Lindsey, riding with Dad on the Gravely. Remember what I said about Dad being fiercely loyal? We still have this lawn mower (or maybe it's descendants) in the machinery shed.
Dad and Cody
Dad and Tyler in nifty hats that are still floating around.
A family of seven (including Mom who was taking the picture)
And now, eight!
Dad and his boys
We used to have a lot of hymnsings, up on the back hill of the farm, with a bonfire and a miniature pedal organ. Dad would line a hay wagon with bales, and everyone would load up at the house and ride to the hill. We all loved them.
This is Dad, in his element. People at his house (Dad loves company), hymns to sing that he believes from the very core of his being, Mom by his side, and his kids all happily nearby.
Somehow, all the photo albums that have any pictures of Dad working on the farm are missing too. But as I mentioned in Mom's post, it took a lot of guts for Mom and Dad to move way up here to milk cows for a living, something Dad had never done before. But they managed. For thirteen years, Dad, with the help of Mom and us kids, milked cows. Through all this time, Dad was developing horrible arthritis. Finally, in 2001, several of us kids were heading west and Dad decided he couldn't keep the farm going. We auctioned off the cows in May. It was incredibly emotional. On one hand, we loved it. The freedom! Think of it! But on the other hand, those cows were a huge part of our life. I remember seeing Dad walk slowly from the auction area to the house in the afternoon, while the auction was still going on. When I went in later, he was just sitting there, all alone at our long kitchen table with his head in his hands. Just sitting. Thirteen years of back breaking work and immense sacrifice being done away with by the auctioneer's fast paced talking.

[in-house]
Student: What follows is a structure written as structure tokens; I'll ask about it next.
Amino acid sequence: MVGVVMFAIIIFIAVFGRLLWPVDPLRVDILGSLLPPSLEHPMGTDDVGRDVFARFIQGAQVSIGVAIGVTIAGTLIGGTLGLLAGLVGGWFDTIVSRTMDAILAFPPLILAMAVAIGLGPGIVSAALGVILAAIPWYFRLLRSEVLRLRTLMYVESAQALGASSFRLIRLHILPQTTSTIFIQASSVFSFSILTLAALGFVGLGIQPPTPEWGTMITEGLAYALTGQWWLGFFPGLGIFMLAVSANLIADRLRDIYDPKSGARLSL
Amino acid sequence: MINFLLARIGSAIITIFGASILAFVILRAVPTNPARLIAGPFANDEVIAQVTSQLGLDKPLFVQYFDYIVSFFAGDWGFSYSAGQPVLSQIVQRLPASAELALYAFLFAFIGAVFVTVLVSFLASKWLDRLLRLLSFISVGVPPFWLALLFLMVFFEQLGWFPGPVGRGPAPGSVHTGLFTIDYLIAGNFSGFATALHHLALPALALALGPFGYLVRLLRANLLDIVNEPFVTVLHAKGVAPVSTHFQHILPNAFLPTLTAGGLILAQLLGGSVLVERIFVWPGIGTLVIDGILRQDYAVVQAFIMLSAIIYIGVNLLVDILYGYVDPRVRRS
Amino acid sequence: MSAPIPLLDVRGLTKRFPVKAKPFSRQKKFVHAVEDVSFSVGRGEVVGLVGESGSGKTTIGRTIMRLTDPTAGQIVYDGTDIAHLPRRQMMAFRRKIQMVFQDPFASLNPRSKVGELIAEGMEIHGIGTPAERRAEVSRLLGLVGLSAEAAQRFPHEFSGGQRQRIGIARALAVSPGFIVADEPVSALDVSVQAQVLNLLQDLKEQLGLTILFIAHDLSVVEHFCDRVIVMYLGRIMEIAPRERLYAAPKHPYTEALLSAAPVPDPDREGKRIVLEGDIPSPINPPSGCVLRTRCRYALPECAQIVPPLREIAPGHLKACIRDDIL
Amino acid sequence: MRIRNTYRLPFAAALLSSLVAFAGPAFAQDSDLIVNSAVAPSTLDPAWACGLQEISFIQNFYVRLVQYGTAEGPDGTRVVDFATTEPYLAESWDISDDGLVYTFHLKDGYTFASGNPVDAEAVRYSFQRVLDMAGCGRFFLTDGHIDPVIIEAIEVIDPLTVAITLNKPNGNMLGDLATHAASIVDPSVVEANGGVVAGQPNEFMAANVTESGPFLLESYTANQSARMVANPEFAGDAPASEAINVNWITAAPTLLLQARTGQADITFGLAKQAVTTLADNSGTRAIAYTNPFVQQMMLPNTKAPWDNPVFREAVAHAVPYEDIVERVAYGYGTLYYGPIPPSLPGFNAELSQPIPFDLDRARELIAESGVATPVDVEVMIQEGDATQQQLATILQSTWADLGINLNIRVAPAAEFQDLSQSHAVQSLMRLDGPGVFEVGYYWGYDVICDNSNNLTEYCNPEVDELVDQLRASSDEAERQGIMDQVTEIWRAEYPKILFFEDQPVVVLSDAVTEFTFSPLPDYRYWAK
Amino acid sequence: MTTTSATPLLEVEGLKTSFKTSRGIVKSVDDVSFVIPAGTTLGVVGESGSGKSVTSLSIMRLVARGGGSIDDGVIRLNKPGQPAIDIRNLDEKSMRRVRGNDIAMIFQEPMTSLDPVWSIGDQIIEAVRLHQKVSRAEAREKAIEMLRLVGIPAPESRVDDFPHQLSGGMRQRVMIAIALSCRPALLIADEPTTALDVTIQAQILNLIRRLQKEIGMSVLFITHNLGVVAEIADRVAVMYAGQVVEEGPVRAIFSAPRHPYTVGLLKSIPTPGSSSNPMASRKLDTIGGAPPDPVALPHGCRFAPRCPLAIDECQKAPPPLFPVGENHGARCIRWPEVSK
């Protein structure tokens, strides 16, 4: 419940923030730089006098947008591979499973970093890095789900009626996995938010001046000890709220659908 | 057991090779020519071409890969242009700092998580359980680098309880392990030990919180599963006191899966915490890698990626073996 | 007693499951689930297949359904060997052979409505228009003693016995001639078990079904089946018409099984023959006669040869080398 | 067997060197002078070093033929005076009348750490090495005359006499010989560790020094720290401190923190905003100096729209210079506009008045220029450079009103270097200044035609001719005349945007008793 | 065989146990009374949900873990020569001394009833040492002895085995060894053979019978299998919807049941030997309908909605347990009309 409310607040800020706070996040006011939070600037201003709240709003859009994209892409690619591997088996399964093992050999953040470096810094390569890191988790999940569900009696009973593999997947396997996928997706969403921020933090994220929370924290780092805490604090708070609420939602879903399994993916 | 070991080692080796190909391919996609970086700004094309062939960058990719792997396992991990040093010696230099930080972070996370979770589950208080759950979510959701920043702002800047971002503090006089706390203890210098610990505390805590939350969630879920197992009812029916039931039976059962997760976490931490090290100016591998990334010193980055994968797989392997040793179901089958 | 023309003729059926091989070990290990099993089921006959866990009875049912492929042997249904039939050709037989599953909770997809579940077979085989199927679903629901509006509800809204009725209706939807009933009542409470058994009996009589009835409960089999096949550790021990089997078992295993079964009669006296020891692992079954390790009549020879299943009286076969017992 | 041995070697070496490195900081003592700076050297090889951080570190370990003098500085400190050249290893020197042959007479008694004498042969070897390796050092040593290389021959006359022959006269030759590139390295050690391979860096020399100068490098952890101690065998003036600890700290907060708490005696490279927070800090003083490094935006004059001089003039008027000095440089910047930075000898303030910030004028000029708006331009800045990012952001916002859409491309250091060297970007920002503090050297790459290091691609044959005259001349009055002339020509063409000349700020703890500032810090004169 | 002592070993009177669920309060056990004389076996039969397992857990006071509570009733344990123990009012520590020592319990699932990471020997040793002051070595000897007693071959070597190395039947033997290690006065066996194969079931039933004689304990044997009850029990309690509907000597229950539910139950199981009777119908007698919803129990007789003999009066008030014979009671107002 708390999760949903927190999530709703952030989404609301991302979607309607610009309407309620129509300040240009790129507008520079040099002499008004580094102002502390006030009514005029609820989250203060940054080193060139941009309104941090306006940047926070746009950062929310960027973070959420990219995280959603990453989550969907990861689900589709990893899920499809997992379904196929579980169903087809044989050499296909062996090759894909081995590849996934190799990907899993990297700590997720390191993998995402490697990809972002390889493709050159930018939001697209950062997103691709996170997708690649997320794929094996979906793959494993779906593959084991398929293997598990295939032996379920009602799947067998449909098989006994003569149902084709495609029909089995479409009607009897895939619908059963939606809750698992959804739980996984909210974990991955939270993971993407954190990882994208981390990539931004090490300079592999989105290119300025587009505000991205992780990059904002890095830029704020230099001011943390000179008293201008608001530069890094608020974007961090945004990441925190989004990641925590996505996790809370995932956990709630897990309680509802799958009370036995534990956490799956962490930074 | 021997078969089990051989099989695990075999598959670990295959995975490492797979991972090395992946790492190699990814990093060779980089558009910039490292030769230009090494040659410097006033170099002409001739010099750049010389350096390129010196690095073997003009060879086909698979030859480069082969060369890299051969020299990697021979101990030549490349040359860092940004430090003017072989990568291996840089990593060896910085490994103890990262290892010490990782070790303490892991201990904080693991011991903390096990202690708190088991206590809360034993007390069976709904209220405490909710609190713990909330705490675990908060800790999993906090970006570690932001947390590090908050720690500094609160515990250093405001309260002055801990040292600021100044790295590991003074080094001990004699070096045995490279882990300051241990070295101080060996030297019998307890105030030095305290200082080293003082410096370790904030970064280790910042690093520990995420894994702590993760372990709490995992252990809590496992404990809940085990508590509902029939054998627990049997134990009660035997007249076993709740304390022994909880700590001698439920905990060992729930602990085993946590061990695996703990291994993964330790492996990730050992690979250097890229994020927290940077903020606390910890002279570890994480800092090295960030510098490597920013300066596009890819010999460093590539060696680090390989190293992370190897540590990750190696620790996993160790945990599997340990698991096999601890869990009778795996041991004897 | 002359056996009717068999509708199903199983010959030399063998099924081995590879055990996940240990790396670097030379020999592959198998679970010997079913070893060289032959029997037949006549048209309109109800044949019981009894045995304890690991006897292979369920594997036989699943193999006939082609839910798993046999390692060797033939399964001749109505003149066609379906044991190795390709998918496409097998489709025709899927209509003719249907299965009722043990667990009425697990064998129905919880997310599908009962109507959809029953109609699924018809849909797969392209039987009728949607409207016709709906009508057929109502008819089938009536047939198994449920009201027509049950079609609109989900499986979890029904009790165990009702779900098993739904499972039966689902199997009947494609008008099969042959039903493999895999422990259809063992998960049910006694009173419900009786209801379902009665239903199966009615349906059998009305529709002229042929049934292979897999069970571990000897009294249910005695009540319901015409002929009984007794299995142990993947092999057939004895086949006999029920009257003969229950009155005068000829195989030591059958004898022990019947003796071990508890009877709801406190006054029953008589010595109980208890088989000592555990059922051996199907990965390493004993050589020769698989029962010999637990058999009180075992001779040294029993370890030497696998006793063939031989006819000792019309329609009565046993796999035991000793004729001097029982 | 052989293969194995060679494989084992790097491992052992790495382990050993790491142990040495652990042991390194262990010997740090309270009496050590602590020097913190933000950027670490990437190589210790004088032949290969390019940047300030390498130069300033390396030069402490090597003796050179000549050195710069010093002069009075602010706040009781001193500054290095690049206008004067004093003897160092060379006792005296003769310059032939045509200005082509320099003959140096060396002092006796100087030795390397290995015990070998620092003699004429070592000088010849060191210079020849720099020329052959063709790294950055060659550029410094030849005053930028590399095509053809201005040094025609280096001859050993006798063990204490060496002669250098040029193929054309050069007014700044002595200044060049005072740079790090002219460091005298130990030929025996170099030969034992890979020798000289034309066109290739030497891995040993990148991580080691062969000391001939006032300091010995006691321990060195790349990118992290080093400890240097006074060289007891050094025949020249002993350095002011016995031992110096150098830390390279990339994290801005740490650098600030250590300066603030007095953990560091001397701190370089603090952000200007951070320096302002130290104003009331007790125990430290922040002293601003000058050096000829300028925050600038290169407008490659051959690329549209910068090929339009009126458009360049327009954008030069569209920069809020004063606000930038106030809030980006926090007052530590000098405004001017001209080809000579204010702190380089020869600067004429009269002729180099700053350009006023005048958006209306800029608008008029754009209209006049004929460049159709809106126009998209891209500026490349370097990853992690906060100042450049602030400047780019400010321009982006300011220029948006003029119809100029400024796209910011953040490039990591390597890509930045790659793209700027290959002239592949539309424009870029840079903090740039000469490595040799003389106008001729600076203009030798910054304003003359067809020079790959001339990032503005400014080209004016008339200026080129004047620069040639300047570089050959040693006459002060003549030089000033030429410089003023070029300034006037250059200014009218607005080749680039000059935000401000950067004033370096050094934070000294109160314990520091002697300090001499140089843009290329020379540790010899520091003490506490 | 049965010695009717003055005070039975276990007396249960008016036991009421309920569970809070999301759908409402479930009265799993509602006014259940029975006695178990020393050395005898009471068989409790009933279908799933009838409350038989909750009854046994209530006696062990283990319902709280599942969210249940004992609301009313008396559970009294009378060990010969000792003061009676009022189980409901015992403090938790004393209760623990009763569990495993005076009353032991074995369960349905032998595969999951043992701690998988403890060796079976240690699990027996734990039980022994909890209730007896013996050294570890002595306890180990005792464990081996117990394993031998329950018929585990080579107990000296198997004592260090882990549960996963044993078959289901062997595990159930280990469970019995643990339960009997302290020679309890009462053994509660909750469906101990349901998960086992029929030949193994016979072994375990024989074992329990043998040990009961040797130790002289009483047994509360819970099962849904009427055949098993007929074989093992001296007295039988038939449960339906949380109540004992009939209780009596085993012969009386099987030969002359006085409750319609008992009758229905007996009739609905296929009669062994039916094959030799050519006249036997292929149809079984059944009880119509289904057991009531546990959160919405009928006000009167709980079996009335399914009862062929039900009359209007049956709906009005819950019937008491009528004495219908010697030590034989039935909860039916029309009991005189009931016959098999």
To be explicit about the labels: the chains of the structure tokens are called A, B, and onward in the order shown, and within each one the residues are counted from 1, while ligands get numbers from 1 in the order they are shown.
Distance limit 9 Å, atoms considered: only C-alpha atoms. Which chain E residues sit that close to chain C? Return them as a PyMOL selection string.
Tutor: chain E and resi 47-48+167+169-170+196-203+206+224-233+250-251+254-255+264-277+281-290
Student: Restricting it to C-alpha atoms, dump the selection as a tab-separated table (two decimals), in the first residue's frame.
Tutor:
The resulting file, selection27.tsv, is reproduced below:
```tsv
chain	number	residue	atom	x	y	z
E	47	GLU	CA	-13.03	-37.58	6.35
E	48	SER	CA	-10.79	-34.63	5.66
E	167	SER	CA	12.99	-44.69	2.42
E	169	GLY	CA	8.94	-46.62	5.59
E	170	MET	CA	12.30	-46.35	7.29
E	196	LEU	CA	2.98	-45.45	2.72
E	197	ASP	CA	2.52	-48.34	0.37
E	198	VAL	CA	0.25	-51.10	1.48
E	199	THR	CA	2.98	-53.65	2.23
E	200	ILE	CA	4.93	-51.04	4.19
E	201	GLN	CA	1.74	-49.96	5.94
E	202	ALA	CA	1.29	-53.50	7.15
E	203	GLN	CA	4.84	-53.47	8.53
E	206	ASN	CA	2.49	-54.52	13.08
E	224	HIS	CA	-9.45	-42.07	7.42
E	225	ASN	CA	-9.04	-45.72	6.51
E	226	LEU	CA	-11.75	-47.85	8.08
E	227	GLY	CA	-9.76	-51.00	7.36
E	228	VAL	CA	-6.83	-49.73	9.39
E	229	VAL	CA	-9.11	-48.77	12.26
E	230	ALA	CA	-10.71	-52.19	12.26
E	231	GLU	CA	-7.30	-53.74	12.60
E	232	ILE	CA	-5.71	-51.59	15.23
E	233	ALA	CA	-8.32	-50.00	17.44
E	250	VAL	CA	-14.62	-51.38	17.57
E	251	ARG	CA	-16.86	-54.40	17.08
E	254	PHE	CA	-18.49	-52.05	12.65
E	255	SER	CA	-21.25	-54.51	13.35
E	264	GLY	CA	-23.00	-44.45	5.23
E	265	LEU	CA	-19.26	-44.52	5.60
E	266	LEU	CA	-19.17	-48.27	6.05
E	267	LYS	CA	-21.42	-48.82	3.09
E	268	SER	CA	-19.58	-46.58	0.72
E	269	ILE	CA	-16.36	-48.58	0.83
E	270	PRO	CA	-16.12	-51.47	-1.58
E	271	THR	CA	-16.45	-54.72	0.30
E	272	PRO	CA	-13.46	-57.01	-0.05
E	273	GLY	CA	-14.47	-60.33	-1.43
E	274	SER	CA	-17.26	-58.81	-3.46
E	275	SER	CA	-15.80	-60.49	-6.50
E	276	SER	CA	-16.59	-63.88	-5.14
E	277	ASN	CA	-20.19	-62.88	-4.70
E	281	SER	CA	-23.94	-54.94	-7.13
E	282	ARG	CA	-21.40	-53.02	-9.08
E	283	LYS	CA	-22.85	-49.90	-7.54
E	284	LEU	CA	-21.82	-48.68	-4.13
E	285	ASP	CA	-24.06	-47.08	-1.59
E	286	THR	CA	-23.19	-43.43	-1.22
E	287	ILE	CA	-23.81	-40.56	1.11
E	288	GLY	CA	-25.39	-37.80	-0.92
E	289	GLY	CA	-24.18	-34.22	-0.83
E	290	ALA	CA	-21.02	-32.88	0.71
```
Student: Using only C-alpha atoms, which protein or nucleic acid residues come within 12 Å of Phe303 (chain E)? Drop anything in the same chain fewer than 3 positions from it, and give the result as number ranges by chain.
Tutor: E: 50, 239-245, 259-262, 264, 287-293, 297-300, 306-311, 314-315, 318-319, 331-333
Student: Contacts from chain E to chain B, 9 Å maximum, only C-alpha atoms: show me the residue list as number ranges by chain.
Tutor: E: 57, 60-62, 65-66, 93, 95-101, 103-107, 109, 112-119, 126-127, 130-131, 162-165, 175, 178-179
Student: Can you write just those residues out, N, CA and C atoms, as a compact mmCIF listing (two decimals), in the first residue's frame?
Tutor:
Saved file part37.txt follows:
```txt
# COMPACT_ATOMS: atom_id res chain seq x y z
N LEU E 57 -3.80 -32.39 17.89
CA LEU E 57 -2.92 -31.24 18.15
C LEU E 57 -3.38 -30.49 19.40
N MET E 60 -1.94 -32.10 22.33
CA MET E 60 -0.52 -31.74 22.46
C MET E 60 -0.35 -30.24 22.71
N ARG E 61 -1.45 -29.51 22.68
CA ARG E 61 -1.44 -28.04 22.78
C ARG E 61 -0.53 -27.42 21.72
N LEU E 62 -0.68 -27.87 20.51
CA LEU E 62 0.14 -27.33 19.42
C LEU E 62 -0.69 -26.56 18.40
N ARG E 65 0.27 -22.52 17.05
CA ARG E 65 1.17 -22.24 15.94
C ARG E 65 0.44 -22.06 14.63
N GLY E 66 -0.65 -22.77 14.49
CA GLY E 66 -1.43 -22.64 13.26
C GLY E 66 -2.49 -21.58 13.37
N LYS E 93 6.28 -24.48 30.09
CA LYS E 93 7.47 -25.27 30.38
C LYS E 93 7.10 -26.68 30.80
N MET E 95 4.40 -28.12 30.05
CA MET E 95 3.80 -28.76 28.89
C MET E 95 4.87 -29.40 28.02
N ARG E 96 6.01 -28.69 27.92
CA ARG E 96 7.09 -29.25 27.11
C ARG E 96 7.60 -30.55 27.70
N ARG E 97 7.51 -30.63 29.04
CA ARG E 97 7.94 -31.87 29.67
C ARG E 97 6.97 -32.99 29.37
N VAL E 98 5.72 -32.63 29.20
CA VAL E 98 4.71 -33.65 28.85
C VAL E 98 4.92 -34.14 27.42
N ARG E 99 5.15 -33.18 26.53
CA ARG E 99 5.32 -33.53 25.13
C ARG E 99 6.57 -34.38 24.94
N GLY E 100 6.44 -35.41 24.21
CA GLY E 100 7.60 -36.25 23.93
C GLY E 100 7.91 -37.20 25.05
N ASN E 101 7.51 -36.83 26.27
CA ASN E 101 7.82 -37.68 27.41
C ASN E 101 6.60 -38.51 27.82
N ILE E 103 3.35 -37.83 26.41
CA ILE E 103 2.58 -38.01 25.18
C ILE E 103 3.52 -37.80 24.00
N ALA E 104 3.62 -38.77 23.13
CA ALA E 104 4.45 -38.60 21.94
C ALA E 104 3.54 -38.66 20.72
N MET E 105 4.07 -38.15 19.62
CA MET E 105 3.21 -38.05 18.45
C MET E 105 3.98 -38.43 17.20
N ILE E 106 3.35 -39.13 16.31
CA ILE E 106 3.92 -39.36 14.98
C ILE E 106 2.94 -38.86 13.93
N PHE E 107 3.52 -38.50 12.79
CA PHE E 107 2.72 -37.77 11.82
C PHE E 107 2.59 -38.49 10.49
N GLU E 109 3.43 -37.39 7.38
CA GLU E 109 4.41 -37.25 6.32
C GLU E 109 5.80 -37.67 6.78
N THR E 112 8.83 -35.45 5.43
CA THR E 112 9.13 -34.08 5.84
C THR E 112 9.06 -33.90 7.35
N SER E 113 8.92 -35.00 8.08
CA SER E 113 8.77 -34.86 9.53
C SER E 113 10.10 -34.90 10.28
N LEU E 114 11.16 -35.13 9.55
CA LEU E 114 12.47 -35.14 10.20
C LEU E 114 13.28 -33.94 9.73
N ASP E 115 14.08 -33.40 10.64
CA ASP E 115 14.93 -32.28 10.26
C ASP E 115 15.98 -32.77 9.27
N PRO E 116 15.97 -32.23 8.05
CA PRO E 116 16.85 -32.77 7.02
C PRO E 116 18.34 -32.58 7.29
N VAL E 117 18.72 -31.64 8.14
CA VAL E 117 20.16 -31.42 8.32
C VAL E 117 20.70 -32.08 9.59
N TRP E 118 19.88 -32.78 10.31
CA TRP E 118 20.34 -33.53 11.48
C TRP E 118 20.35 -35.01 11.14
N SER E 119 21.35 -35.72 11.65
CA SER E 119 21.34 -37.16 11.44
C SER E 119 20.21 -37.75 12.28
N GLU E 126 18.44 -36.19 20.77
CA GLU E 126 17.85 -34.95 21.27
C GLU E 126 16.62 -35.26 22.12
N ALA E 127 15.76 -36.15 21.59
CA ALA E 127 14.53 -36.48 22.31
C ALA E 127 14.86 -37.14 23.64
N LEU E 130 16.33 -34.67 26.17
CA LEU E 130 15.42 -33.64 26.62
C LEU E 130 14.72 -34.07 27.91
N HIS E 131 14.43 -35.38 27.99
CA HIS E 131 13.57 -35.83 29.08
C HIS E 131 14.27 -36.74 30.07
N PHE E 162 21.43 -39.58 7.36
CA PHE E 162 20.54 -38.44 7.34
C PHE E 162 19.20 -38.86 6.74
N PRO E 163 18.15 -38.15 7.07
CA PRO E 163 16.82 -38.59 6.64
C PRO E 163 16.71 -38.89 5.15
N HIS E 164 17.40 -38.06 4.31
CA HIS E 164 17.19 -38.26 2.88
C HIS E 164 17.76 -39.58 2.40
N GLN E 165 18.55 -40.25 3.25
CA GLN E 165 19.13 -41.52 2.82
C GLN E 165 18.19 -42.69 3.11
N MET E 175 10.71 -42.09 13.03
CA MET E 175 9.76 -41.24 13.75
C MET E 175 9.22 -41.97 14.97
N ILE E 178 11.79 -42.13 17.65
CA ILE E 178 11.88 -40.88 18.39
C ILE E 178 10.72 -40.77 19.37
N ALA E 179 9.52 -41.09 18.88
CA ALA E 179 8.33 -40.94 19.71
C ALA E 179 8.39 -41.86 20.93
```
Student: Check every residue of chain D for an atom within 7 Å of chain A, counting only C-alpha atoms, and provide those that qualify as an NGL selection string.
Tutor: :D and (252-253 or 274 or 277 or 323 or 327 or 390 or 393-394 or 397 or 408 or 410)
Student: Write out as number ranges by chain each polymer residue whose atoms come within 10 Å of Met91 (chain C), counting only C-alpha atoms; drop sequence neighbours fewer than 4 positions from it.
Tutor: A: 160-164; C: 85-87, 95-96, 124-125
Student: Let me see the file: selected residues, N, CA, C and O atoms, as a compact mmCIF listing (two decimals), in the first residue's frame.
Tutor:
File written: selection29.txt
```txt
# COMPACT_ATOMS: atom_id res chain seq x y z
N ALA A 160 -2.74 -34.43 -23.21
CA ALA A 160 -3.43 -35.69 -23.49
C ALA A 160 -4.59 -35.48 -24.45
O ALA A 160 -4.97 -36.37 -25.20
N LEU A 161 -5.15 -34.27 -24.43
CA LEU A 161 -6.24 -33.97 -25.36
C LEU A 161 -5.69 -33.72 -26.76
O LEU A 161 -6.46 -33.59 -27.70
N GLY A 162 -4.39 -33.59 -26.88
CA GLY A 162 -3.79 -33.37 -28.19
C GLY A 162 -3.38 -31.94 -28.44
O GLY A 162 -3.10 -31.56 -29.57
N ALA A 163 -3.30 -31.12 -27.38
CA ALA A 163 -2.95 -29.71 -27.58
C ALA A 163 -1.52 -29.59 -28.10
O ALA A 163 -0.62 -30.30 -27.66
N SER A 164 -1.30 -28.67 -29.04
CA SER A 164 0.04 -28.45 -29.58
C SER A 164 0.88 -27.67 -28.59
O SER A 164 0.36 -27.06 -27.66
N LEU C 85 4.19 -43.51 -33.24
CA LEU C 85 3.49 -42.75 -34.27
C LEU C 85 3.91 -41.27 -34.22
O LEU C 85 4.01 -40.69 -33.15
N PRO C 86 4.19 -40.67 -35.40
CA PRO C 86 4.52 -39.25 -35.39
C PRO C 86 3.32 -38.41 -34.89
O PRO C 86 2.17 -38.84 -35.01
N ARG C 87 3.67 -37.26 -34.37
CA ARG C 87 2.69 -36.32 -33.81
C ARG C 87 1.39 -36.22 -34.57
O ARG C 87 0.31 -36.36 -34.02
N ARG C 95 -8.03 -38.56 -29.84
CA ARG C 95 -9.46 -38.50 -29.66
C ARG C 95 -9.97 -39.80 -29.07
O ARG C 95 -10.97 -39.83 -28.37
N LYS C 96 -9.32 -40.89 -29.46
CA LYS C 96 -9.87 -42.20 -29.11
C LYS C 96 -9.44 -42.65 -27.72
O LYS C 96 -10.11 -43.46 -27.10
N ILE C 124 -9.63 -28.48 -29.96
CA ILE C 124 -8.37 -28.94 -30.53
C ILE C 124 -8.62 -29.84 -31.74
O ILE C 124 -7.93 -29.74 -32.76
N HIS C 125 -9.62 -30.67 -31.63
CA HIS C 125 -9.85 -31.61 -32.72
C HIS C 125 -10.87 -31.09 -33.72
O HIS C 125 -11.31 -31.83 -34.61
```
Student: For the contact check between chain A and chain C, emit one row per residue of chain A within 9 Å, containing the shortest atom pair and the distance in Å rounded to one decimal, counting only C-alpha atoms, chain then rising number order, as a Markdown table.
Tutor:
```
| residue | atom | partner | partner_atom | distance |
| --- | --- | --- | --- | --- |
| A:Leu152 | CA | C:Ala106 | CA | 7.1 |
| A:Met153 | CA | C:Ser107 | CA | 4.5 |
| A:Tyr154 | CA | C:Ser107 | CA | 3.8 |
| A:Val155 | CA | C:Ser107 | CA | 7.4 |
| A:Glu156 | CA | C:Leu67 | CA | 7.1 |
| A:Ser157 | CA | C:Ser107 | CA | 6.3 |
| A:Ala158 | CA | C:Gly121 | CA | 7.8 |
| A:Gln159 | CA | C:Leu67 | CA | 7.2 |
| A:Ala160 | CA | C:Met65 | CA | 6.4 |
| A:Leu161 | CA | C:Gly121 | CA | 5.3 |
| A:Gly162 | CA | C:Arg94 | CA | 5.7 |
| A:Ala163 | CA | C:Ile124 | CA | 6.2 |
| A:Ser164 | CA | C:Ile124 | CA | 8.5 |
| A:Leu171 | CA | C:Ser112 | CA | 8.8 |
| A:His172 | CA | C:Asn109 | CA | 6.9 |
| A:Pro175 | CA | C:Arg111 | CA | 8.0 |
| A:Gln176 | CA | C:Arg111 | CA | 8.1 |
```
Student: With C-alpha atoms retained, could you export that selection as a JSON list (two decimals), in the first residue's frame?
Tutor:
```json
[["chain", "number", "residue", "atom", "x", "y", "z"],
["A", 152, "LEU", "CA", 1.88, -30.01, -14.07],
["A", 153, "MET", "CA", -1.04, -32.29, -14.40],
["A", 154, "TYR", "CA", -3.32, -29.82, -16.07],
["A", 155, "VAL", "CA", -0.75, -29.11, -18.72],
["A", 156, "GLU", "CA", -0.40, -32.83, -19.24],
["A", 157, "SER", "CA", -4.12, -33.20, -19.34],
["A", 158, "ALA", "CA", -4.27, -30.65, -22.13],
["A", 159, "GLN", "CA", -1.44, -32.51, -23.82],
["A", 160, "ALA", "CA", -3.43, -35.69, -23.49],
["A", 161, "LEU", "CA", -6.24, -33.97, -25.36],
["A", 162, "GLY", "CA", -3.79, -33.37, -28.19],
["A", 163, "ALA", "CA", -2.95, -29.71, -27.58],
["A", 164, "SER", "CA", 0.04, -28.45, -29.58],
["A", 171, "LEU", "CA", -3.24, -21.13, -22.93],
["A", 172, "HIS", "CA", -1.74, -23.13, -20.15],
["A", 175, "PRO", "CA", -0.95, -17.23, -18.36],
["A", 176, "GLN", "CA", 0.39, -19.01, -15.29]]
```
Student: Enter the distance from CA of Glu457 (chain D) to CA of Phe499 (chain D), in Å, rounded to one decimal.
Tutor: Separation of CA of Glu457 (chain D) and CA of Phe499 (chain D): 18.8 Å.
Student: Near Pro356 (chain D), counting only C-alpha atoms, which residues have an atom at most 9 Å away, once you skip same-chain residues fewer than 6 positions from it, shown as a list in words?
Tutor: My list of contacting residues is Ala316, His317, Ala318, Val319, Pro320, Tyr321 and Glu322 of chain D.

I am not sure Dad has ever fully gotten over selling the dairy cows. They have beef cows now, but Dad still talks of dairy.
Dad heading out to plow this past winter.
Dad and his sisters a few years ago.
Dad, Charlotte, Hopie, and Barbara
Mom and Dad and the two youngest all grown up
I am not sure Dad is over all of us growing up either. But he does love having grandchildren.
As soon as grandkids walk in the house, he is primed for delight.
Like I said about Mom, Dad isn't perfect. He has never pretended to be. He can be stubborn, he has a bit of a temper (there were a lot of shouts of "stupid, cotton-picking piece of junk" in my childhood), and he loves a good argument, much to quiet loving Mom's eternal frustration.
But I couldn't have asked for a better Daddy.
Dad has the wonderful quality of thinking all his kids are marvelous. Even when he is arguing with us, or "gently" telling us our ideas are nonsense, all of us kids are fully aware that he thinks we are lovely. And even when he is having a rousing argument with Cody and Owen about fences (or haying, or barns, or fields), he wouldn't hesitate to give his right arm to the one and his left to the other. Dad has always loved us kids. He loved us as babies, as toddlers, as kids, as teenagers, and now as adults. I remember being a young teenager, fussing about my weight, and Dad would always say "Why do you want to be all skin and bones? You look fine. You're better off with a little meat on your bones." And while this did nothing to actually make me feel thinner, it did make me realize that Dad loved me. It was his way of reassuring me. He isn't the kind of Dad who pays lavish compliments.